“I think it’s time for a new stadium or else it would not be getting done,” said Rays’ starting pitcher Zack Littel. “I enjoy coming to the park. The facilities are very nice, and there is everything you could possibly need. The fan base in Tampa is still very large and when you’re out and about in the area, we see a great deal of fans. A new stadium will incentivize the experience a little bit more, so it should be really interesting.”

While the Diamondbacks and Rays address issues indigenous to themselves, the plight of the Oakland A’s is a bit more complex.

At this point, the A’s are “preparing” to move the franchise to Las Vegas. Because the situation remains fluid, “preparing” is likely the optimum word. All parties agree that the Oakland Coliseum, home of the A’s since 1968, is outdated and, for practical baseball purposes, useless. The Oakland Raiders recognized that reality a few years ago when they bolted the Coliseum for Vegas.

The A’s loyal base would like the franchise to remain in the present Bay area and an argument has persisted for years on a proposed site, The most-discussed venue was a new stadium and development initiative in the Howard Terminal section of Oakland. That’s near Jack London Square and a popular tourist location.

One issue here is transportation. The closest rapid-transit station of BART (Bay Area Rapid Transit system) is 12 blocks from the Howard Terminal site. However, an Amtrak station is nearby and could house a rapid transit line. With site development, that mode of transportation would have been considered. Plus, parking in the area is a nightmare and the ability for fans to get to and from the site would be difficult.

Simply because A’s officials expressed a desire to move to Las Vegas, there is consideration opposition.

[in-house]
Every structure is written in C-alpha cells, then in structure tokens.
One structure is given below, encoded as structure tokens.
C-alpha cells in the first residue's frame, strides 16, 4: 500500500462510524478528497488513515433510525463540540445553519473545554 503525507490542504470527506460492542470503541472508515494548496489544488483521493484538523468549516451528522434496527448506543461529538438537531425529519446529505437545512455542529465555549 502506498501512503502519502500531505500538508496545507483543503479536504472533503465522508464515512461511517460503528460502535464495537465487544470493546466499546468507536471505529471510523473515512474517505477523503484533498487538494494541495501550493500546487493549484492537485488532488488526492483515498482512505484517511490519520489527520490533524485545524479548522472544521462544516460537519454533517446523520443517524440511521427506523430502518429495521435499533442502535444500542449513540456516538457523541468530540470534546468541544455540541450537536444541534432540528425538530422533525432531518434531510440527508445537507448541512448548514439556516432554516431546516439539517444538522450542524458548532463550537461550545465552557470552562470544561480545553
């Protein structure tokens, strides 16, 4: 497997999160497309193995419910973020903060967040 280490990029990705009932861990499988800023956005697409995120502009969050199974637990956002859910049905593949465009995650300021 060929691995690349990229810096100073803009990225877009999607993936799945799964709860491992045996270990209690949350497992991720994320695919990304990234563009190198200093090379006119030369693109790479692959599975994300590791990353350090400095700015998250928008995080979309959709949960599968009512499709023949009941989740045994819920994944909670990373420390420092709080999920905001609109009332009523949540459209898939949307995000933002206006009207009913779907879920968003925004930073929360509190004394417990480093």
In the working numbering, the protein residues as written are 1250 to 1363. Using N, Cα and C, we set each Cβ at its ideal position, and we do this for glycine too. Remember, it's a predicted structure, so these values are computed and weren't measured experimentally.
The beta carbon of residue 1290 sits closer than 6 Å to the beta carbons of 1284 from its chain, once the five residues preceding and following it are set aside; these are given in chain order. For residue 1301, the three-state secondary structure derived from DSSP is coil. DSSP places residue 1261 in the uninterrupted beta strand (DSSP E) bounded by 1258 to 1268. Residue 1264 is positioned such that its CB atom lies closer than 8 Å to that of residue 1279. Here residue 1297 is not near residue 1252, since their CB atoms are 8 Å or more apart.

First, the Nevada State Education Association is suing the state over proposed funding. The plan, at this point, is to build a new stadium on the site of the old Tropicana Hotel, which imploded early this year. That site is located at the southern end of the Strip and can accommodate cars and a bus line.

In June, 2023, Nevada Senate Bill 1 passed through the legislature and authorized $380 million for the stadium.

Not so fast, said that Nevada State Education Association. Our objective, explained the Education Association, is to challenge the legality of the bill and declare that law unconstitutional. The purpose would prevent the state from issuing municipal bonds for the project.

To complicate matters, Las Vegas mayor Carolyn Goodman opposes the move and told Front Office Sports, “I personally think (the A’s) got to figure out a way to stay in Oakland.” Baseball owners voted unanimously in Nov, 2023 to approve the move from Oakland and would like the A’s to begin playing in Las Vegas with the 2028 season.

While the legalities play forward, the view from Major League Baseball remains positive.

“I’m confident the relocation to Vegas is solid,” Commissioner Rob Manfred said during a recent media day for Florida-based teams. “The A’s are committed to the stadium and are working toward making that happen.”

The A’s lease on the Coliseum expires at the end of the current 2024 season, and then the franchise becomes essentially vagabonds. If the proposed stadium in Las Vegas clears financial and legislative hurdles, the proposed time for construction would be two-three years. That would put the A’s in their new stadium sometime in the latter part of the present decade. Until that time, the A’s would have no permanent home.

There could be options.

One would commit the A’s to a year-to-year lease at the Coliseum. Another consideration is to share Oracle Park in the Bay area with the Giants. At this point, that seems unlikely. That’s because of various commitments to the site. Also, the A’s could play in Salt Lake City, which expressed a desire to gain an expansion franchise. That’s when and if Major League Baseball decides to expand.

All of which has decision-makers of these franchises carefully watching sand slowly but surely drift significantly through the hourglass.

Related Articles

Back to top button